Indiana University researcher Daniella Chusyd is studying human aging in an unlikely way: through elephants.
Humans and elephants have similar lifespans, with elephants capable of living into their early 70s. Chusyd wants to determine how different elephant species live so long without the benefit of medicine and science. Her research also aims to better understand the impact human activities can have on elephant health and aging, which can inform strategies and policies that allow humans and elephants to coexist.
Elephants and humans are similar in some key characteristics, such as lifespan and sociality, but they took very different evolutionary paths. If we can identify some of the unique strategies that have evolved in elephants, we can better understand healthy human aging, too.”
Daniella Chusyd, Assistant Professor, School of Public Health-Bloomington, Indiana University
Elephants have approximately 20 copies of the TP53 gene -; also known as the “guardian of the genome” -; when most other mammals, including humans, have just one. This makes them more sensitive to detecting DNA damage and less likely to grow tumors or develop cancer. The gene is also involved in general aging processes, so understanding its role is helpful to Chusyd.
Over the past six years, including during her time as a postdoctoral researcher at IU, Chusyd’s research has taken her to Africa -; specifically Zambia, Republic of Congo and Uganda. She studies the factors that have impacted elephants’ health and aging, such as early-life trauma, pollutants and the role of human activities. Her work focuses on both species of African elephants, savanna and forest.
Illegal poaching and human-elephant conflict have long plagued elephant populations, but the lasting implications of experiencing such trauma is not known. In Zambia, Chusyd is comparing orphaned elephants to those living in intact families to determine the long-term health and behavioral effects of experiencing early-life trauma. This research is funded by the National Institute on Aging and in collaboration with Game Rangers International.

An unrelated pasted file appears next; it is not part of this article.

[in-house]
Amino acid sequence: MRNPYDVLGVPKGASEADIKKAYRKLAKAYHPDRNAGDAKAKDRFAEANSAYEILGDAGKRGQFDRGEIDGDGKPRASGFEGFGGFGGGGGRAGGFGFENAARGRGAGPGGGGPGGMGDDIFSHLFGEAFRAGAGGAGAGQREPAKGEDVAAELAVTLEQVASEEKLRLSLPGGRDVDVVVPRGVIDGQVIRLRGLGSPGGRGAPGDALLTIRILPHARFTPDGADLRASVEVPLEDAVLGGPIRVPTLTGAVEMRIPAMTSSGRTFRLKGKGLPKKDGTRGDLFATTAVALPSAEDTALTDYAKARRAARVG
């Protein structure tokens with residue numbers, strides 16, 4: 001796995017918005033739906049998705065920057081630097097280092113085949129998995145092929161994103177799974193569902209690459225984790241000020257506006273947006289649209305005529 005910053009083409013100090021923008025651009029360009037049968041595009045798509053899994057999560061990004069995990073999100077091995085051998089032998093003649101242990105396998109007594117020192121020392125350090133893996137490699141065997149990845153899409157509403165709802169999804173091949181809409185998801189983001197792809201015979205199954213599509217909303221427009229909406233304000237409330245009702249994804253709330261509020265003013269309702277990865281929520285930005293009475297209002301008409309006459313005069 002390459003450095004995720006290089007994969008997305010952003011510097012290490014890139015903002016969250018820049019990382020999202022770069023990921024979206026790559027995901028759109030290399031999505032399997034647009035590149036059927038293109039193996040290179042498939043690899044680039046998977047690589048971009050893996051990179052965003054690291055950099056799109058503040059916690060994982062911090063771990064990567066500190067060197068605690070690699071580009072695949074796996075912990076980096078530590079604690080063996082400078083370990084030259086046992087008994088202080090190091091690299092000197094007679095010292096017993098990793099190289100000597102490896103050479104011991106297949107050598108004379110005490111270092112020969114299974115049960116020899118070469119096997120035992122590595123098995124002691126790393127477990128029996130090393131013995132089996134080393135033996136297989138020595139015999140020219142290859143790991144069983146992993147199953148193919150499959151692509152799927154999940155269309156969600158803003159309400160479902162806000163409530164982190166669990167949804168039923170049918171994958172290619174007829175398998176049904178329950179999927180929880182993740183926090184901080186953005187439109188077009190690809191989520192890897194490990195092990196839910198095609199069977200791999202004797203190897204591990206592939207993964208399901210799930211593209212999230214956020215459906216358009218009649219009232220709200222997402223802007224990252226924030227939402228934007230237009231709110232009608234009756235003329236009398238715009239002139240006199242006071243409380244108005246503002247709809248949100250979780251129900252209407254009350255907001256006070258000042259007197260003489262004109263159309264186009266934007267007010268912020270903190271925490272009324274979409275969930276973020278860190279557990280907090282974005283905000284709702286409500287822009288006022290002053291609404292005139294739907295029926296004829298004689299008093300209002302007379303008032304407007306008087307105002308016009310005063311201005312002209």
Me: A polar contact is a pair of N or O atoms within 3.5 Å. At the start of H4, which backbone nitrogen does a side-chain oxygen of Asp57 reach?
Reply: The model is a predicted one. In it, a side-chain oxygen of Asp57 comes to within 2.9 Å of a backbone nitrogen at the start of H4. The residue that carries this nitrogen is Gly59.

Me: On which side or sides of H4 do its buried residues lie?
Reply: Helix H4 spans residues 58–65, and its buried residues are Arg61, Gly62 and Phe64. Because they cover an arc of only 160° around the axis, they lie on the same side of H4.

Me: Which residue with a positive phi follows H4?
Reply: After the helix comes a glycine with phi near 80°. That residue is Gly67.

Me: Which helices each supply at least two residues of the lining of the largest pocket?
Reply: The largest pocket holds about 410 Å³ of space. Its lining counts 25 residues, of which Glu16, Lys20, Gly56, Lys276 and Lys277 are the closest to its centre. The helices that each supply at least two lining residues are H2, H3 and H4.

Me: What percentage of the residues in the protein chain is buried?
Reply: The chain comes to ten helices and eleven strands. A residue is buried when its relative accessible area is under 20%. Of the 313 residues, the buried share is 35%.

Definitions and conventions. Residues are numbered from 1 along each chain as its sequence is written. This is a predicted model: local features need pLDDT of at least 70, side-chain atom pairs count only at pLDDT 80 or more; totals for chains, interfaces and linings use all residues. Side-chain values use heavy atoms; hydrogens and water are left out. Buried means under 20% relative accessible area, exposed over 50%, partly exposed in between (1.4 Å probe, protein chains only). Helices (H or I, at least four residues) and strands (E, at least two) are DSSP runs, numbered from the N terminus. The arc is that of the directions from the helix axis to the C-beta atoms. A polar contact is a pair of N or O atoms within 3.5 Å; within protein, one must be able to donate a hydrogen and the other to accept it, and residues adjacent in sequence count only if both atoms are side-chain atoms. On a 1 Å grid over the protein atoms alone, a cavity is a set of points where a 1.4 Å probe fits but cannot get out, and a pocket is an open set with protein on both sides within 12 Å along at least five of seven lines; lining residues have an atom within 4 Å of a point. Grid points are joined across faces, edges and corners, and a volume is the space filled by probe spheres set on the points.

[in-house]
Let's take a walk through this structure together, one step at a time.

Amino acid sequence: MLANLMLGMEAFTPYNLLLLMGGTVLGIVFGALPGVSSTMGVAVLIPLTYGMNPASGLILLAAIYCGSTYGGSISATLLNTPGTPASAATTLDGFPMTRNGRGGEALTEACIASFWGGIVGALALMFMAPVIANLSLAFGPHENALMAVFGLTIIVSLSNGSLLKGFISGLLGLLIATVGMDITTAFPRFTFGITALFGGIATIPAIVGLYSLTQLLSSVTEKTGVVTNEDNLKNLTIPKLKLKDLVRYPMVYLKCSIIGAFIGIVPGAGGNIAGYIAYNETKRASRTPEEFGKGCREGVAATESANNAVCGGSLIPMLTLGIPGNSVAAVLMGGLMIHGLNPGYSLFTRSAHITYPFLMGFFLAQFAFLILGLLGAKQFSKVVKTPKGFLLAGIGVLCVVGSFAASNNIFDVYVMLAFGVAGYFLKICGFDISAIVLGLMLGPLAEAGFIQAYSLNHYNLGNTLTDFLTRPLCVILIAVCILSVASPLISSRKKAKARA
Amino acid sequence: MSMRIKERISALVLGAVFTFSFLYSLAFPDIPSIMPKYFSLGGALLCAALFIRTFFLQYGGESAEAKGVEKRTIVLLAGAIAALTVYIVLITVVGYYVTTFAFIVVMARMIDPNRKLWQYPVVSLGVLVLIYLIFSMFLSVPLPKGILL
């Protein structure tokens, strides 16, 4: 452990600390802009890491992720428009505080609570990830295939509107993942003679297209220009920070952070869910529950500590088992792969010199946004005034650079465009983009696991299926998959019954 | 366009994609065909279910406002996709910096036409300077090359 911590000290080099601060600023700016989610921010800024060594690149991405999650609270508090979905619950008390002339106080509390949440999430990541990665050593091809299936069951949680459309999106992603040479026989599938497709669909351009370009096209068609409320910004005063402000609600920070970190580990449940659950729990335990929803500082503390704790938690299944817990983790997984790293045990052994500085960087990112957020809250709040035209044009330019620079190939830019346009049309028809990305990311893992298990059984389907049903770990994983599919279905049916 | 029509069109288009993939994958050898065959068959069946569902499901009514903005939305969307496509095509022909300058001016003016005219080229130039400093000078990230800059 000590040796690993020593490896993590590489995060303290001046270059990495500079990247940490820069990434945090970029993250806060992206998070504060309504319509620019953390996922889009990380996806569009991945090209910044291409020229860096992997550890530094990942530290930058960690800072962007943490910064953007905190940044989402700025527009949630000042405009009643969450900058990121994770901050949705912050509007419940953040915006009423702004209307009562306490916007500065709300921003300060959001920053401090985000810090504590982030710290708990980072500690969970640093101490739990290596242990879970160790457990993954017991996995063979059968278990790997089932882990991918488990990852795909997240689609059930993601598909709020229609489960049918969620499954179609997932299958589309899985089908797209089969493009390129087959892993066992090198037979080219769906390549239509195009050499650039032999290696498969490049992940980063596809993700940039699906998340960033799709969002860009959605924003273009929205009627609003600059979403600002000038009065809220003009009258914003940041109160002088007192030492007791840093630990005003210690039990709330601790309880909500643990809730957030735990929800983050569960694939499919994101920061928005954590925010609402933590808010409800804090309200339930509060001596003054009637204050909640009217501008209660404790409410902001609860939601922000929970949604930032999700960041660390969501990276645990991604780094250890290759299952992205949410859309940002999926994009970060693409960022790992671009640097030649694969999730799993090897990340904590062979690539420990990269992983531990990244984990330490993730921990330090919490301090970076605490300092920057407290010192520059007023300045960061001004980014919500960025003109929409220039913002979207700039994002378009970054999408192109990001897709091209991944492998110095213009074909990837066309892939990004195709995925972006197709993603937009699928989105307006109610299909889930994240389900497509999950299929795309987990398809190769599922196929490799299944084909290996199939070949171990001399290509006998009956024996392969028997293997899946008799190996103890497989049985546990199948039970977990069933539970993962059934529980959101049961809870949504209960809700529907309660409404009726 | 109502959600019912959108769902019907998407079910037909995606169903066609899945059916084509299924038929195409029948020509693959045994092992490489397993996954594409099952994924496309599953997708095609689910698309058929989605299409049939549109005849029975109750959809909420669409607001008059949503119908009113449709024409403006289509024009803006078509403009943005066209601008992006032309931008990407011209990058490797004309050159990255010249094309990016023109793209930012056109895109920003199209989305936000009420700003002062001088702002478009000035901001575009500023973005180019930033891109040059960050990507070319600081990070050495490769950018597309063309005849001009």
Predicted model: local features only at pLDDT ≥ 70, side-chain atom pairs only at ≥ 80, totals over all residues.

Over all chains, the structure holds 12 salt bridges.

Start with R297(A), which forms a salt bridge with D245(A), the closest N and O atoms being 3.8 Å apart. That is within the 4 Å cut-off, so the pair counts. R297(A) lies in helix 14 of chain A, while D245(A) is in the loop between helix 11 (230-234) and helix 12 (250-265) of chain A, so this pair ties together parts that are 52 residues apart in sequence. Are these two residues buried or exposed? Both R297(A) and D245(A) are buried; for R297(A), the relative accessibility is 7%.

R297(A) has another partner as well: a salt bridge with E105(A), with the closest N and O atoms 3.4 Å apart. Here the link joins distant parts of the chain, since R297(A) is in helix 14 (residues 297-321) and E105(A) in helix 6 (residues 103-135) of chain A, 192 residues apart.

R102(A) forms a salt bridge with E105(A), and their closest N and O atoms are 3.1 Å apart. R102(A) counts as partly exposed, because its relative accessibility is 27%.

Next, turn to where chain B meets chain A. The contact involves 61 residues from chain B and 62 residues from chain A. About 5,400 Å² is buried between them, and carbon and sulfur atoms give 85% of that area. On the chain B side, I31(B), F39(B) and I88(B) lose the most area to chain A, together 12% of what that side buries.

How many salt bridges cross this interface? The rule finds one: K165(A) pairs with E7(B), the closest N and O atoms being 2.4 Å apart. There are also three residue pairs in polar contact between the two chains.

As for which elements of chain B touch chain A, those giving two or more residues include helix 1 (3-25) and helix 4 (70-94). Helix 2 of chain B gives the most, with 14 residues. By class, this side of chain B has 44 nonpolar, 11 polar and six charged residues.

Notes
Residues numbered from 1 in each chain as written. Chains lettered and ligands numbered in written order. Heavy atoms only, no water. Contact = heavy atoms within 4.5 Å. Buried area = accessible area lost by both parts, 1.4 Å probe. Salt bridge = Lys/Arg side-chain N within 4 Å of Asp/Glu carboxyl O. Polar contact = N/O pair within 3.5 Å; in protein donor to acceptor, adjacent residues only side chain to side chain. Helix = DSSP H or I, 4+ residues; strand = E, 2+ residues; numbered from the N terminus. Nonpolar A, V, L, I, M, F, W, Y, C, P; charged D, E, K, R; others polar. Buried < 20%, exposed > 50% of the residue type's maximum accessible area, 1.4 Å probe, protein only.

“We know children who experience early-life adversity are, on average, at increased risk for later-life diseases and a shorter lifespan,” Chusyd said. “Elephant calves are similar to children in that they rely on their family for stability, support, reassurance, learning and all the things needed to be a successful elephant. They are highly social, display a range of emotions and have exceptional long-term memory, so we want to know whether there are similar long-term implications in elephants who experience traumatic events early in life as well.”
Chusyd and her team investigate this through a natural experiment, where some elephants randomly became orphans while others did not. Orphaned elephants do not have the intergenerational transfer of trauma that is often observed in other mammal populations, specifically humans. This helps the researchers untangle the impacts of traumatic events on health outcomes, pace of aging and behavior.
In addition to studying the orphaned elephants, many of which are still under human care due to age, GPS collars have also been placed on 10 non-orphaned elephants. An app on Chusyd’s phone allows her to monitor their location in real time. Her team films each elephant’s actions to gather behavioral data; collects dung and urine samples for hormone analyses, parasite load and microbiome; and collects small skin samples to test for DNA methylation and gene expression. Combined, the data gives Chusyd a holistic view of each elephant’s health.